white lanterns traditions

White lanterns inside the Simon Fraser University Diamond Alumni Centre are bad luck in Chinese culture.

People tell you interracial relationships are hard, but it’s even more difficult when you try to plan a wedding.

Apparently, there were tons of rules I had never known existed before for Chinese parents planning a wedding. Sure, I knew that traditionally, the groom’s family pays for everything in our culture (this isn’t happening). I also knew that we needed to pour tea for my parents as a gesture of respect.

Here are five things that really took me by surprise while we’re planning our wedding:

1) No white lanterns.

I went to see the Diamond Alumni Centre up at Simon Fraser University in Burnaby, BC. It was gorgeous. There were white lanterns hanging from the ceiling. I am a huge fan of lanterns. My mom took one look at the photo and said no. White lanterns mean someone has died in the family. Oops.

2) No white, blue, or black. Period.

I wanted lavender and navy blue as my wedding colours, once upon a time. Navy blue is also associated with death, so now my wedding colours are tentative. Yellow, red, orange, and pink are best. Enough with the death already!

3) Invitations are important. Really important.

Originally, I wanted to print them off myself and had chosen a really cute invite with two birds standing on a bunting banner. My mother took one look at it and described it as “unlucky”. Their footing was too unstable, which could mean my marriage would be unstable too. Apparently, invites are forever so they have to be fancy schmancy. And here I thought I was just going to take the template and print them off on nice card stock at Staples. Silly me. Also, no excessive white, blue, or black.

4) The car for my pick-up must be decorated.

Traditionally, fetching the bride from her family’s house was part of the wedding, not just a lead-up to the wedding. Back in the day, brides were picked up in decorated rickshaws and carried to the groom’s house. There won’t be a rickshaw at my wedding, but the car needs to be decorated to indicate that a wedding is happening. Flowers, ribbons, and little stuffed animals in couples (okay, I’m sorry, but barf!) are all acceptable decorations. No white or blue of course.

5) Everything must be new.

I mean everything. Shoes, clothes, bed sheets, towels. My dream of a cost-effective wedding just went down the drain.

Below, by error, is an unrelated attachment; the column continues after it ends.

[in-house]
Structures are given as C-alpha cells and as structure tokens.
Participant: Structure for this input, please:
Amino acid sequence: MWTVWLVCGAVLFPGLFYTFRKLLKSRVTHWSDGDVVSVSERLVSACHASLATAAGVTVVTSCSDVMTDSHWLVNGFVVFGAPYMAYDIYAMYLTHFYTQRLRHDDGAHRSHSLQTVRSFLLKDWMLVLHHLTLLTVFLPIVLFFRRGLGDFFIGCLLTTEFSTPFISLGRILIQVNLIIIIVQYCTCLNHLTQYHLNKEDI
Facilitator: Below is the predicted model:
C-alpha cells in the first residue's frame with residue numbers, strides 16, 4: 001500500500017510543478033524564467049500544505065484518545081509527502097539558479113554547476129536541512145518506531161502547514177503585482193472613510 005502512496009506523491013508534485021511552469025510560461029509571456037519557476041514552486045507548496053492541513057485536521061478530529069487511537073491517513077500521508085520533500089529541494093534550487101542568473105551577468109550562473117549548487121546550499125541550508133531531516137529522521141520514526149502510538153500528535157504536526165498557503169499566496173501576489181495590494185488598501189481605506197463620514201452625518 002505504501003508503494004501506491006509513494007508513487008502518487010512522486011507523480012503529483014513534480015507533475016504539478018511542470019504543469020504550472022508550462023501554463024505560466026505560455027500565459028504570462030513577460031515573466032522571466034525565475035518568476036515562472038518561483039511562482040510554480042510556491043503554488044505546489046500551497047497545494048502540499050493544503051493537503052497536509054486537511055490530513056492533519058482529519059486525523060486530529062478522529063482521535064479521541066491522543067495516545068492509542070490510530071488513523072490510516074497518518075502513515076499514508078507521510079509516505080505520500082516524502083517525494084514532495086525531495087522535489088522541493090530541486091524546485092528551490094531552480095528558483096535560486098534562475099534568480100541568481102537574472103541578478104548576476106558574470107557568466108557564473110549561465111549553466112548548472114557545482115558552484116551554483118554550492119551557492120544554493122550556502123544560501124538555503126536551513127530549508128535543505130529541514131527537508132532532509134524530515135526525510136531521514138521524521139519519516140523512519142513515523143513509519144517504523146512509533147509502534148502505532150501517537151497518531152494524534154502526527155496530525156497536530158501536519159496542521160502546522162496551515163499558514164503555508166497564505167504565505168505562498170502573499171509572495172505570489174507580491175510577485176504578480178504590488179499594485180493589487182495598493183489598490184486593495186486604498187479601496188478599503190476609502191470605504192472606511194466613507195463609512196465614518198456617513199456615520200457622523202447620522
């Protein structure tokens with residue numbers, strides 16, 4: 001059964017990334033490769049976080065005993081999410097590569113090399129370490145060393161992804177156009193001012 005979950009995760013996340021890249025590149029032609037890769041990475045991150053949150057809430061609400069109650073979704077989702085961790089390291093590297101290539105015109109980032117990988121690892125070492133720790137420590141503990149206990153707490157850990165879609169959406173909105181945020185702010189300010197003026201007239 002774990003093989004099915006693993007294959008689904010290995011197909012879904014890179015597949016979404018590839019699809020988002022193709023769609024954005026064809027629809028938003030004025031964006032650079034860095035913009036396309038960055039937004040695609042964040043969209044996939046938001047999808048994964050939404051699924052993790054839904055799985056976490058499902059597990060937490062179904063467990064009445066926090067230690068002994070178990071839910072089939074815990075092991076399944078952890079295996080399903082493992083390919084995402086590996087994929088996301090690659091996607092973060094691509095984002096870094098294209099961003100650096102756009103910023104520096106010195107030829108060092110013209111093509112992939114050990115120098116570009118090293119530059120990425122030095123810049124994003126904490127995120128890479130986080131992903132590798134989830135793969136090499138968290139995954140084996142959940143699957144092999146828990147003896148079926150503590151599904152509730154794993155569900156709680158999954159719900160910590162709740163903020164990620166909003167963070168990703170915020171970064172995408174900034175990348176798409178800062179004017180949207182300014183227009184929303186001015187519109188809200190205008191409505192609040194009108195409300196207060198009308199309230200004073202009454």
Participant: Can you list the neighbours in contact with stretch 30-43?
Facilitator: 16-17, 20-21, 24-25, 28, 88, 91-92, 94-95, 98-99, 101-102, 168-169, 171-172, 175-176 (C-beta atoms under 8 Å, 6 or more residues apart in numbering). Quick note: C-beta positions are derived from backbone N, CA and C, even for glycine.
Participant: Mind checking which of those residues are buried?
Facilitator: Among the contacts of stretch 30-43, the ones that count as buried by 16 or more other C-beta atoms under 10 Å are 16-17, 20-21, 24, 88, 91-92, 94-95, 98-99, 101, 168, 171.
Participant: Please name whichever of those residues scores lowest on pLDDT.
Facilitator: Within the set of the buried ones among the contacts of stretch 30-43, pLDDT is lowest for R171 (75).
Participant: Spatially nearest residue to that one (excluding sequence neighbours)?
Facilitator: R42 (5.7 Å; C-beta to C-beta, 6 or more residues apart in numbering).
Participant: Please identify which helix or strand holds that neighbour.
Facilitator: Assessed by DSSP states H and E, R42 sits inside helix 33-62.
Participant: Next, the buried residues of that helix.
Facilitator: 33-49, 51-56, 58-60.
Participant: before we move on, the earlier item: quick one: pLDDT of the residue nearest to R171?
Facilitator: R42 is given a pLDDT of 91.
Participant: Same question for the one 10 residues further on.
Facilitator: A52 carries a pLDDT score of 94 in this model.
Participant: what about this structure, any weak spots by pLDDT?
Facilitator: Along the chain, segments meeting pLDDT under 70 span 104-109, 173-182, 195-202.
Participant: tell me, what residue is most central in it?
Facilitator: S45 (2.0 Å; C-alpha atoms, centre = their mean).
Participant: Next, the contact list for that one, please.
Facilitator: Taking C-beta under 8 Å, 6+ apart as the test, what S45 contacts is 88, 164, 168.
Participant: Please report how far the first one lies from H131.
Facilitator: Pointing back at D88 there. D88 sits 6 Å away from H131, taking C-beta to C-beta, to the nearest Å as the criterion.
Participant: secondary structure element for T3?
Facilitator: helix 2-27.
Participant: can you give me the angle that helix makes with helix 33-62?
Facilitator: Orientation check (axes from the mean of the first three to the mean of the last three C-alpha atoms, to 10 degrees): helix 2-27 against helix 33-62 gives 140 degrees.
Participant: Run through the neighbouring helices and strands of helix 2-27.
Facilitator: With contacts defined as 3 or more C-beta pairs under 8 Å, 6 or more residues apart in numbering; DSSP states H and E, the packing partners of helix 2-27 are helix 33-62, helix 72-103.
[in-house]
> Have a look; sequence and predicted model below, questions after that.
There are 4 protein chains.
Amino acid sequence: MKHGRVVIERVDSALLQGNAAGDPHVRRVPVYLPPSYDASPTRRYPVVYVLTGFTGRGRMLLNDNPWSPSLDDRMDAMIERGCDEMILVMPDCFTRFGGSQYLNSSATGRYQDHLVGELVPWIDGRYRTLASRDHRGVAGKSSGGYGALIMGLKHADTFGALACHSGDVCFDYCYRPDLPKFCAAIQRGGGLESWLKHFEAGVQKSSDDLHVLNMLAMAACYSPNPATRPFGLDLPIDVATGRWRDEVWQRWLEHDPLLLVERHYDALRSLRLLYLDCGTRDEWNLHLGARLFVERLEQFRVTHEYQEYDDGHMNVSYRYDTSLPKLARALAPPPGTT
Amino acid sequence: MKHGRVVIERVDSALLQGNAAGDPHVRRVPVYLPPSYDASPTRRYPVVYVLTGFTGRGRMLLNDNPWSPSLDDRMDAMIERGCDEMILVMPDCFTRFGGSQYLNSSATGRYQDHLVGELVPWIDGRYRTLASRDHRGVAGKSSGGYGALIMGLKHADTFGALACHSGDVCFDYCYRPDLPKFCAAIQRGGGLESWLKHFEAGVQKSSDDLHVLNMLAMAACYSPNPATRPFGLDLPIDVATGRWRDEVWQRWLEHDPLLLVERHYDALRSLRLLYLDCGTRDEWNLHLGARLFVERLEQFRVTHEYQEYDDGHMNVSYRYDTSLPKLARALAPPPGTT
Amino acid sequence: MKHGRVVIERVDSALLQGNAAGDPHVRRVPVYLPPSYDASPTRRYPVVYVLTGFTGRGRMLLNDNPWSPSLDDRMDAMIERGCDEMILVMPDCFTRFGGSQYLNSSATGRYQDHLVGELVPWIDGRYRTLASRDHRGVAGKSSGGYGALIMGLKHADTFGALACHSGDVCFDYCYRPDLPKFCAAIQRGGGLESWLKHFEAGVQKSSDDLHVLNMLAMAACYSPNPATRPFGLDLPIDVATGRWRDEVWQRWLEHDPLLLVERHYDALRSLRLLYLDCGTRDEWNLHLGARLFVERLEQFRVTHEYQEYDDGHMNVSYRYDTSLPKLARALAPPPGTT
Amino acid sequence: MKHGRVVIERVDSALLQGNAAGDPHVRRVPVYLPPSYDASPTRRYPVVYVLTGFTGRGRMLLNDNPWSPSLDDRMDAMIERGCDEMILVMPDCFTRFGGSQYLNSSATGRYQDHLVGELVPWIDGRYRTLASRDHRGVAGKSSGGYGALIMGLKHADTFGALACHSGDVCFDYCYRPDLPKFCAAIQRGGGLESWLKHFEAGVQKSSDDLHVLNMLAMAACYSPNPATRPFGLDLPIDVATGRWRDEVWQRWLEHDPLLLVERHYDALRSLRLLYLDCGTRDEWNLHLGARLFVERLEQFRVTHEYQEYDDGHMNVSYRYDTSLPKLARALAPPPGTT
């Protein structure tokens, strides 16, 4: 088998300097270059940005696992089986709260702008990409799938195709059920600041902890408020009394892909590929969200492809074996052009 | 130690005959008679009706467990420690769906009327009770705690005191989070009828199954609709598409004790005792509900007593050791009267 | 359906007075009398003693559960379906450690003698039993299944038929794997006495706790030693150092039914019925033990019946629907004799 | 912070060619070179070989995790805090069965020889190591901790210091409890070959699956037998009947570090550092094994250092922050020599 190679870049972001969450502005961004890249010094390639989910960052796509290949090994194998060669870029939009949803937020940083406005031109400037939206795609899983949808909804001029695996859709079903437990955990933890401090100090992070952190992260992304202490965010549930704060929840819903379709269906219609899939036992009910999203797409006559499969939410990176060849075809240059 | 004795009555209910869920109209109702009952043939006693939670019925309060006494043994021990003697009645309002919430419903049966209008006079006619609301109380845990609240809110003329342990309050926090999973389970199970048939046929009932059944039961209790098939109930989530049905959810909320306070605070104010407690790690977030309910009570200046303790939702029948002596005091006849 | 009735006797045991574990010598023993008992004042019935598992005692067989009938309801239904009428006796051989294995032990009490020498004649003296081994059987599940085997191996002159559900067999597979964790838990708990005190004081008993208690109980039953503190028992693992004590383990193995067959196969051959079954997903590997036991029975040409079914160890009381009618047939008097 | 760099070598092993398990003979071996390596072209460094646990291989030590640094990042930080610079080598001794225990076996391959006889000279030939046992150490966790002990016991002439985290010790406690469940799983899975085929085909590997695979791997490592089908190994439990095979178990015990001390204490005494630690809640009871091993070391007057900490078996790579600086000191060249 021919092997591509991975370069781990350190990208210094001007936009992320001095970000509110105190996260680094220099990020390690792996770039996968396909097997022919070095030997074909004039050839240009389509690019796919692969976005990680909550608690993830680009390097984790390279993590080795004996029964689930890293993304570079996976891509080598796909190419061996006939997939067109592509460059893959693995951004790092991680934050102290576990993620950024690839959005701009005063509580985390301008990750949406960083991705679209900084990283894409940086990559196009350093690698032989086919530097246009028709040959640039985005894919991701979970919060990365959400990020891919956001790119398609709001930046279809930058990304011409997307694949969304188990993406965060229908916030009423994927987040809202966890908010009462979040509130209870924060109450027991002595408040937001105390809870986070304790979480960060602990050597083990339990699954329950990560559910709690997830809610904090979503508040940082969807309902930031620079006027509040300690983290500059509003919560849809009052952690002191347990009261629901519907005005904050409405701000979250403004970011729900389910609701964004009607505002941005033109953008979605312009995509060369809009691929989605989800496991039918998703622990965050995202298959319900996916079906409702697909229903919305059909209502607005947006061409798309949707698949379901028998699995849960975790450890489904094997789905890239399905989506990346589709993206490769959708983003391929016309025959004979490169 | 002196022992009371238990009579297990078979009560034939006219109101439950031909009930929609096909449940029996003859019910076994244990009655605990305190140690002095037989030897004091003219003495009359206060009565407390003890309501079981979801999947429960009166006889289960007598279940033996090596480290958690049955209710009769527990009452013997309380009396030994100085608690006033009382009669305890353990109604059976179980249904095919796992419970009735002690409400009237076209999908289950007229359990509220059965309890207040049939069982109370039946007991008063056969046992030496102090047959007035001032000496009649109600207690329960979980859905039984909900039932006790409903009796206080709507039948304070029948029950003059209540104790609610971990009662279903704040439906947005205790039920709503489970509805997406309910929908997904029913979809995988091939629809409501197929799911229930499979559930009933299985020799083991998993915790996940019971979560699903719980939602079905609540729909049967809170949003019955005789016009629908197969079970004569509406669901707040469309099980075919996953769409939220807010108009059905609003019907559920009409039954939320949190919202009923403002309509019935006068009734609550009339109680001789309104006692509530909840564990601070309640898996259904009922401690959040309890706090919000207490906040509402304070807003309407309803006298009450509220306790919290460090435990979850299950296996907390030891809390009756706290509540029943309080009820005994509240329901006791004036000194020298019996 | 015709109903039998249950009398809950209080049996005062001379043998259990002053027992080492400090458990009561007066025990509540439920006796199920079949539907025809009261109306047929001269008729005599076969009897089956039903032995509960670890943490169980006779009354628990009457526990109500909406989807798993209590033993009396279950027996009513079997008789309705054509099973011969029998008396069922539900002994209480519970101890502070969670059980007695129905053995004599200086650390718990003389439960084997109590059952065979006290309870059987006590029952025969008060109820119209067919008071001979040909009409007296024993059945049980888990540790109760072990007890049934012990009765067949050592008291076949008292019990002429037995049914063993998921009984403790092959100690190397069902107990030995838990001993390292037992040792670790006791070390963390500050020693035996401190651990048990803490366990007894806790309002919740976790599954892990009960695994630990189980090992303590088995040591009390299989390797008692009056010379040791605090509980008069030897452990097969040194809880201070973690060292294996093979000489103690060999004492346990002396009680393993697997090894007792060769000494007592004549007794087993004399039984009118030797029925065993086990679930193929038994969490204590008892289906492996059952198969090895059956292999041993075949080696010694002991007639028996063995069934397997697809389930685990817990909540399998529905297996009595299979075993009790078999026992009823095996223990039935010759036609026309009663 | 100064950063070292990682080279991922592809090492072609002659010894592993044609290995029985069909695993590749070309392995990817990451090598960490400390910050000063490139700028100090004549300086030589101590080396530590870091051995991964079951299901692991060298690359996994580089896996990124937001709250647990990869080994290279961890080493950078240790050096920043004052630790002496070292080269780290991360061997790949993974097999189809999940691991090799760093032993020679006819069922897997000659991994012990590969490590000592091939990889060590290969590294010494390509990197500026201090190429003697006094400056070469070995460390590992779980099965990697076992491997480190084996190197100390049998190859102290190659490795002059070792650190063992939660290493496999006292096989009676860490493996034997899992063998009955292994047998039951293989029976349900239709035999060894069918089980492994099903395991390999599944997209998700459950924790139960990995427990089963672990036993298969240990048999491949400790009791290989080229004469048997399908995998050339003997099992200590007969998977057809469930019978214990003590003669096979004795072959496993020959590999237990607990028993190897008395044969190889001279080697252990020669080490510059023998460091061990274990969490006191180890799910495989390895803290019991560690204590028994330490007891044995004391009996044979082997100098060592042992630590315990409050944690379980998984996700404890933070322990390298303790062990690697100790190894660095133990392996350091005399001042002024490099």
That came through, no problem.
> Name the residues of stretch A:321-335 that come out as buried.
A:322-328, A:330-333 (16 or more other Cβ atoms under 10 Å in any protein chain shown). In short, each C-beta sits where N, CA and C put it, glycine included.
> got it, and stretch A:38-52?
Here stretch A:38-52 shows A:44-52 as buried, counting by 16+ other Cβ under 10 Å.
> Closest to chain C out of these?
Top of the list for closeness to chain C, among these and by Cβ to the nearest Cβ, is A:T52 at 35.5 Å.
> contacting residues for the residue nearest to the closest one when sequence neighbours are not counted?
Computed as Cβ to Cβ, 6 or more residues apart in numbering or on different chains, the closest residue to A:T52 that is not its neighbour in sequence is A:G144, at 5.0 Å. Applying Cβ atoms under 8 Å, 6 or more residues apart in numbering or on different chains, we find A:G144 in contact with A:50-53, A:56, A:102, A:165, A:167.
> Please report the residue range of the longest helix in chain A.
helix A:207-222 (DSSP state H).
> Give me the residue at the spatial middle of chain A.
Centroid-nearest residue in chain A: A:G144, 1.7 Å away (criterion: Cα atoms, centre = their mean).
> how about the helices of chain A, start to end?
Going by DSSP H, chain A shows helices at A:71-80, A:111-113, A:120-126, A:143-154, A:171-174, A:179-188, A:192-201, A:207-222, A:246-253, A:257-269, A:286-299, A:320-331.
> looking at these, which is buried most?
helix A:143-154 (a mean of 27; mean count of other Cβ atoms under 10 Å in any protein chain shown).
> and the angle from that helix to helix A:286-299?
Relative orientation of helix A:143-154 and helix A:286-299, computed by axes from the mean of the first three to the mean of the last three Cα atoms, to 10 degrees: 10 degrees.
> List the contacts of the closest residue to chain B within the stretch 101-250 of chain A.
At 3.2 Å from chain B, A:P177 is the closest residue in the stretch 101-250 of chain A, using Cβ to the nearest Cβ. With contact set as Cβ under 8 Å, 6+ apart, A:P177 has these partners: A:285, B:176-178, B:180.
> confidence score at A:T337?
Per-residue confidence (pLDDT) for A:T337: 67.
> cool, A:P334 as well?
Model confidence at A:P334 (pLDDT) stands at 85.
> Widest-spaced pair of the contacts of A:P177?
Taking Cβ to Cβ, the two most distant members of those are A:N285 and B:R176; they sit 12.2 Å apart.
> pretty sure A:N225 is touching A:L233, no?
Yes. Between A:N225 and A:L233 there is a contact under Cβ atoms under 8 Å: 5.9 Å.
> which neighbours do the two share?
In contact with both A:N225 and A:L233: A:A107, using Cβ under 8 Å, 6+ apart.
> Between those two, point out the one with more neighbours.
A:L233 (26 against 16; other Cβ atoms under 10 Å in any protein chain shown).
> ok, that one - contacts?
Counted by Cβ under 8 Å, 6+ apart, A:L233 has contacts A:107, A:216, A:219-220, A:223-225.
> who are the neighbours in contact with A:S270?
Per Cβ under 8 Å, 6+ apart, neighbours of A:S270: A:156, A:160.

What kinds of traditions and customs surprised you when you’re planning your wedding? Tell me in the comments below!

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Categories: Bride-to-be Blogger, Decorations4 Comments


So many things to consider! I’m a cbc (canadian born chinese) who just got engaged to another cbc. I haven’t asked any input from any parents but once I start, I know it’s going to be a loooong list of demands. Good luck and keep us posted! I have yet to learn the Asian traditions!

Babybubblz on June 25, 2012

I have to say, that since the parents aren’t paying for the wedding, I don’t really see how they can have a list of demands for you to adhere to.
In addition, if you don’t actually know about the traditions already, it means you weren’t brought up with them, so why do you have to learn about them now?
By the way, I am a bride that married in Greece and refused to adhere to many traditions, so am speaking from a similiar background!!!

Sara on June 26, 2012

The items that you mentioned are just the tip of the ice berg for other brides and their parental prerequisites. Yet, some other parents aren’t as superstitious. I think that the best way to sort out anything is open and honest communication. It will save everyone time, headache and heartache – never mind the pocket book from costly mistakes.

Wendy Lee on June 26, 2012

[…] Only 1.5 months left until the big day! Looking back on the wedding planning process, one of the things I did not anticipate was the cultural differences in expectations for wedding-related stuff, some of which I’ve already discussed in a previous post. […]

Culture Clash and Wedding Activities | Wedding Obsession - Canadian Blog on August 05, 2013

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